Military families to be exempt from “bedroom tax”
By Graeme Demianyk
The Government has revised its controversial clampdown on housing benefit by exempting armed forces families and foster carers from the so-called "bedroom tax".
Estimates based on official figures indicated 9,170 people living in social housing in Devon and Cornwall were set to lose an average of £637 a year.
Under the Government's proposals for an under-occupancy penalty – dubbed a "bedroom tax" by critics but a "spare room subsidy" by those for – people would receive a cut in housing benefit where they are deemed to have spare bedrooms.
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But after a sustained Labour campaign warning vulnerable families would suffer, Work and Pensions Secretary Iain Duncan Smith today moved to "clarify" the rules – indicting he did not believe it to be a U-turn.
The exemption for military families is significant for the Westcountry as around 14,500 service personnel are based in Devon and Cornwall – one of the biggest concentrations in the country.
In a written ministerial statement, Mr Duncan Smith said: "People who are approved foster carers will be allowed an additional room, whether or not a child has been placed with them or they are between placements, so long as they have fostered a child, or become an approved foster carer in the last 12 months."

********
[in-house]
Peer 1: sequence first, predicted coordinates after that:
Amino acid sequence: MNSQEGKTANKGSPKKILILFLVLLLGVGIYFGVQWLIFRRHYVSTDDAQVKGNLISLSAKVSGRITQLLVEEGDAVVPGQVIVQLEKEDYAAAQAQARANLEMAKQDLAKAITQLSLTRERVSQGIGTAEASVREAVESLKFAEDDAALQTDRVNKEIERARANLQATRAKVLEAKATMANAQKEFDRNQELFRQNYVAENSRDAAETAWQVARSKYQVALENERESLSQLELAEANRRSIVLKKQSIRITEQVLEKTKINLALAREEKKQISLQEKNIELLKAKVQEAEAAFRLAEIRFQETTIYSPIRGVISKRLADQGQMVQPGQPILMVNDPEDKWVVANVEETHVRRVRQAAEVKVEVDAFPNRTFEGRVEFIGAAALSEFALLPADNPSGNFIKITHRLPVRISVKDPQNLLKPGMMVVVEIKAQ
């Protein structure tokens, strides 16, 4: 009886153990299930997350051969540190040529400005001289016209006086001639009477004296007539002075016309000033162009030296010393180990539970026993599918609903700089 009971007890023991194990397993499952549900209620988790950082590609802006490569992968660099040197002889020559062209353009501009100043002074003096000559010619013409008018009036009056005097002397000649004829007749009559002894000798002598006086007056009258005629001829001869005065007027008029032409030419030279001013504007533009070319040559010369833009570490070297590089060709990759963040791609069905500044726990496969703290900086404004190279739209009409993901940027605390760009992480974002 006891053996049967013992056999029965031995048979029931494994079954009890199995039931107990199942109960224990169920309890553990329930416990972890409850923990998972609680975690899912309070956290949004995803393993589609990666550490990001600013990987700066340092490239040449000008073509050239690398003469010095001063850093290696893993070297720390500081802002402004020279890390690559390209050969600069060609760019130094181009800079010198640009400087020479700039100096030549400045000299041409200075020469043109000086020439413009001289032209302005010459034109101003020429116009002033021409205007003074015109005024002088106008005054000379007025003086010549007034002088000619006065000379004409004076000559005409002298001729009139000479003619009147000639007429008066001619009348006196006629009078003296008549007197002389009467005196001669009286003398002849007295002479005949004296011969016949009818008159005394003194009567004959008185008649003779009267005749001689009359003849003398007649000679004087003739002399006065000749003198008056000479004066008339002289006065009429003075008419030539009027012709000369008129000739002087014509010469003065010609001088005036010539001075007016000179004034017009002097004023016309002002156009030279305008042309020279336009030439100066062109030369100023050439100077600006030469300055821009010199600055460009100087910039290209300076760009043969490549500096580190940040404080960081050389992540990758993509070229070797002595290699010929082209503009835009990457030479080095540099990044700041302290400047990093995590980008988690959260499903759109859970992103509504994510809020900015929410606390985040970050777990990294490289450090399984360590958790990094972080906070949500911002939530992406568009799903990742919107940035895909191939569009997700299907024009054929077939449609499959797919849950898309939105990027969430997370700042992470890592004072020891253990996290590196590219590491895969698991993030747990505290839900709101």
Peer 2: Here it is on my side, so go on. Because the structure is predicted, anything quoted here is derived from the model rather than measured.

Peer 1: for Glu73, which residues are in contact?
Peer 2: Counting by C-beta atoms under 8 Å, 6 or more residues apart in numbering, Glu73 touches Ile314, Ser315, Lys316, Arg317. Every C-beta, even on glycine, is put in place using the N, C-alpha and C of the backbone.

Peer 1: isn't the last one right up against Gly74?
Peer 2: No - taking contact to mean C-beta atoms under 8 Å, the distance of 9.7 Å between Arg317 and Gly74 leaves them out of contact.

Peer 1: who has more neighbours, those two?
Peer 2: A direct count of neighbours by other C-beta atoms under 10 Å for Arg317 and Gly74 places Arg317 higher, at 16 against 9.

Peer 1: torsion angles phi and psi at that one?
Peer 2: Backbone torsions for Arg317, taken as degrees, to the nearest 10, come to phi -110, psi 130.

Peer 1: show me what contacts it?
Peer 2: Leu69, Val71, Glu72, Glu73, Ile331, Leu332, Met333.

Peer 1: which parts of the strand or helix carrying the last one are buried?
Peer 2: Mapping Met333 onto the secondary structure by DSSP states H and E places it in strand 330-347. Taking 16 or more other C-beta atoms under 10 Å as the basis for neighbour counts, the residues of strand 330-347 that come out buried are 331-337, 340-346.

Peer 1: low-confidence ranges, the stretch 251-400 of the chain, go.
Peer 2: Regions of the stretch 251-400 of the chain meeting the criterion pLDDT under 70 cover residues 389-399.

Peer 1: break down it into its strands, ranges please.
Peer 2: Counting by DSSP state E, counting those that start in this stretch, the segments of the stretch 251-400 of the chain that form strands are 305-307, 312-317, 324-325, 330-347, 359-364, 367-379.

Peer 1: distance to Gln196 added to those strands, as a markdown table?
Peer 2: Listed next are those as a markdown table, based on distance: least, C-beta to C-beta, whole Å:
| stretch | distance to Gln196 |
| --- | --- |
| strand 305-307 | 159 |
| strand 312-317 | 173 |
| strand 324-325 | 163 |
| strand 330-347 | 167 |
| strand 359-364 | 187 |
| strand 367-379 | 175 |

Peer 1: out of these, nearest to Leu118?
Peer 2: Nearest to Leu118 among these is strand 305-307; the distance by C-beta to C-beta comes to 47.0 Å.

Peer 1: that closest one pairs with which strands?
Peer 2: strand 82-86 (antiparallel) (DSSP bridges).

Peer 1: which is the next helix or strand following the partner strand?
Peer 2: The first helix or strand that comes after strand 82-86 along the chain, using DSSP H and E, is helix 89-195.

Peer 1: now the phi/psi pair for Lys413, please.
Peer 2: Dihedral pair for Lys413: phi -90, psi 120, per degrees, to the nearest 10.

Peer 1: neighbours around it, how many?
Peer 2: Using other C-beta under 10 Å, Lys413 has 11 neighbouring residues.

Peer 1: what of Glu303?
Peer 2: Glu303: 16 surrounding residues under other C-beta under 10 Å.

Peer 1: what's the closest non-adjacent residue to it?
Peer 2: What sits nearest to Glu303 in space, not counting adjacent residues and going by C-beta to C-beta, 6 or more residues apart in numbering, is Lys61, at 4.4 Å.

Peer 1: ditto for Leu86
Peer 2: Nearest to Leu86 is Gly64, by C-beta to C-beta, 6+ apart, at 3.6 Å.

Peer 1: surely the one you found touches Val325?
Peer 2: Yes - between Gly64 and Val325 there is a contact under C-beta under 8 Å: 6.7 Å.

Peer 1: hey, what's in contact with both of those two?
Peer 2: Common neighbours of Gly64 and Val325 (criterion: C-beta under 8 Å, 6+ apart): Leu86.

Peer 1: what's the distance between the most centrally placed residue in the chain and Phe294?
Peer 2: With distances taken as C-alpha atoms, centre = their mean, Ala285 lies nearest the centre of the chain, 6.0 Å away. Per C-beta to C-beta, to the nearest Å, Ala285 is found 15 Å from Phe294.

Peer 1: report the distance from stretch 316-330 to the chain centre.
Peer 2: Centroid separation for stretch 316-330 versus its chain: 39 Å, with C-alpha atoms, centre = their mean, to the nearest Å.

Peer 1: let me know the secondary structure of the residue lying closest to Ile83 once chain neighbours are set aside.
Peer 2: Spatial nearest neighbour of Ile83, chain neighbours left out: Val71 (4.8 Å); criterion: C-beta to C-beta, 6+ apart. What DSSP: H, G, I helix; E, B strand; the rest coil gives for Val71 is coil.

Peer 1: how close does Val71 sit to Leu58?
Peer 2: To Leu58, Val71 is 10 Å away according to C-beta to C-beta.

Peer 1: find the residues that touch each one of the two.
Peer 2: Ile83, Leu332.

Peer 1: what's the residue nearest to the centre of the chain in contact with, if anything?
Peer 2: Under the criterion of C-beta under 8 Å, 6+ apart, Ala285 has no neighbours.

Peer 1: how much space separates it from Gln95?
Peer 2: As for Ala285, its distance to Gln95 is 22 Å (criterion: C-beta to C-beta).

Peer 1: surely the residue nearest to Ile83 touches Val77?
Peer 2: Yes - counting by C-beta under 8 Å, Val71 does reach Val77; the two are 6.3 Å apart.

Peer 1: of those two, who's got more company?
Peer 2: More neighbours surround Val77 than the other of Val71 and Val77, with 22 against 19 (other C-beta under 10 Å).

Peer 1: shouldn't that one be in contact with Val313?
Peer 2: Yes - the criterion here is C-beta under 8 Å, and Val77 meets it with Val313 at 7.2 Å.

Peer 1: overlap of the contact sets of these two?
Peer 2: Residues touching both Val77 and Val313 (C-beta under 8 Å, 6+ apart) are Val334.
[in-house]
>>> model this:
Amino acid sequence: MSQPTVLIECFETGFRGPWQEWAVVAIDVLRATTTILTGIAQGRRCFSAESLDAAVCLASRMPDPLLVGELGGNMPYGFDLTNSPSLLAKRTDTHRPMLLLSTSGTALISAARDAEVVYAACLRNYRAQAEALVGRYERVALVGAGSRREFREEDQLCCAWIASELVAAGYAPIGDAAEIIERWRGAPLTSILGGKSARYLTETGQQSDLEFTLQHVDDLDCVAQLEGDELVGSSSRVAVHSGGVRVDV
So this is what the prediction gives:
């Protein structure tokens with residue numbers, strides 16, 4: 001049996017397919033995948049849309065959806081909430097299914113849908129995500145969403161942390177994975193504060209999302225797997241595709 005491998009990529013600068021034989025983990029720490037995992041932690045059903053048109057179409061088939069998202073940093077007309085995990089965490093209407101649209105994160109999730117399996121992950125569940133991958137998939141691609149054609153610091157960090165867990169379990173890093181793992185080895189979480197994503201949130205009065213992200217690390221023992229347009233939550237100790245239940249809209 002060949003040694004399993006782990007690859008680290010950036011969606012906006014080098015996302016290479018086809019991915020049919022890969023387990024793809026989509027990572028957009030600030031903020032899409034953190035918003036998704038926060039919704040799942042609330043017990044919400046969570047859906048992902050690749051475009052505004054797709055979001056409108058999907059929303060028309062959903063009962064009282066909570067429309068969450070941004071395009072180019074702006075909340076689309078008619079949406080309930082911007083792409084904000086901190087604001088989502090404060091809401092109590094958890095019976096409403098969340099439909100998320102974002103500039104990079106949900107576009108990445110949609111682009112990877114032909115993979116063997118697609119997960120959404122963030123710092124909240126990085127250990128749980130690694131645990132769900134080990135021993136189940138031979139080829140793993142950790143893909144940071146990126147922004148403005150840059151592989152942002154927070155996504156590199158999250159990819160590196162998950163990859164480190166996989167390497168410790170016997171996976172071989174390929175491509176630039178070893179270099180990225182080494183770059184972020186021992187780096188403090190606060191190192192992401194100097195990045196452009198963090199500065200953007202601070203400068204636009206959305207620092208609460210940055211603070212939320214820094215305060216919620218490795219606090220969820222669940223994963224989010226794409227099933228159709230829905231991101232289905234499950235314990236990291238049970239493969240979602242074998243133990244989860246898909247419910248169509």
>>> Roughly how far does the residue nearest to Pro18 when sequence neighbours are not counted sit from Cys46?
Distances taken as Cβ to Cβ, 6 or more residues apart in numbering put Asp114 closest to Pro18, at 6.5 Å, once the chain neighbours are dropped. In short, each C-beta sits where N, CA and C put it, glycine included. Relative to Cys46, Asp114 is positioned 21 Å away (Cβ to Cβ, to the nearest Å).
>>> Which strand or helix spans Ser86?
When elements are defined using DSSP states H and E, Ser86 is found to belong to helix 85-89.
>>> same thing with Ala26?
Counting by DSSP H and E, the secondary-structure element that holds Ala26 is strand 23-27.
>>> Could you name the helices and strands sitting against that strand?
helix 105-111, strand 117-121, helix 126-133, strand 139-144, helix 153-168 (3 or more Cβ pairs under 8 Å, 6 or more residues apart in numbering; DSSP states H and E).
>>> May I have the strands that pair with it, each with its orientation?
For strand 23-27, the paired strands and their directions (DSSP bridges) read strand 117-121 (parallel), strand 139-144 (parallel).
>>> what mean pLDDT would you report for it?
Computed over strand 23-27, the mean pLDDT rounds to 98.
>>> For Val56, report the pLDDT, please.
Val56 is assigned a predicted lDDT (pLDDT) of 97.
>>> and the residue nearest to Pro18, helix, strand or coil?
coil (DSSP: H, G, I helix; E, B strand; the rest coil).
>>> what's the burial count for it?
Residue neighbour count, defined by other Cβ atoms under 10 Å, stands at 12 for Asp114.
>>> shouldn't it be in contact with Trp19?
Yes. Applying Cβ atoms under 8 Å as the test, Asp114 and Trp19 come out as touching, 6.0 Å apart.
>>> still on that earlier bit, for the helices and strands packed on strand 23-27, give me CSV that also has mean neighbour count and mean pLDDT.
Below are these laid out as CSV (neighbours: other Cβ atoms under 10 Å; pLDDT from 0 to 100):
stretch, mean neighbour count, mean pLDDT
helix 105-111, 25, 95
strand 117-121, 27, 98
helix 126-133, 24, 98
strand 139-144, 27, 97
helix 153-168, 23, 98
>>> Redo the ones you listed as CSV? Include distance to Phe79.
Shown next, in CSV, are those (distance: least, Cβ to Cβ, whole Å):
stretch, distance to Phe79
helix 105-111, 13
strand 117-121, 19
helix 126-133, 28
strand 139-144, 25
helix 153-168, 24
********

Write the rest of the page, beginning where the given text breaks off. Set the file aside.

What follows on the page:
The statement adds: "Adult children who are in the armed forces but who continue to live with parents will be treated as continuing to live at home, even when deployed on operations.
"This means that the size criteria rules will not be applied to the room normally occupied by the member of the armed forces if they intend to return home."
The Department for Work and Pensions also confirmed councils would be given the power to exempt families with severely disabled children. Exemptions were already in place for pensioners.
In Prime Minister's Questions in January, Plymouth Moor View Labour MP Alison Seabeck raised the impact on military families.
Ms Seabeck said: "Is it right that a mother in my constituency may not, because of the Prime Minister's bedroom tax – and as confirmed by his Minister – be able offer her son, serving in Her Majesty's Armed Forces, either a home or a bedroom on his return from duty?"
David Cameron promised to look into the case, but stressed the need to get to grips with a £23 billion housing benefit bill, and pointed out many in privately rented properties "cannot afford extra bedrooms".
The Government says the proposals will save money and help deal with a housing shortage by encouraging people to move out of homes that are too big for them.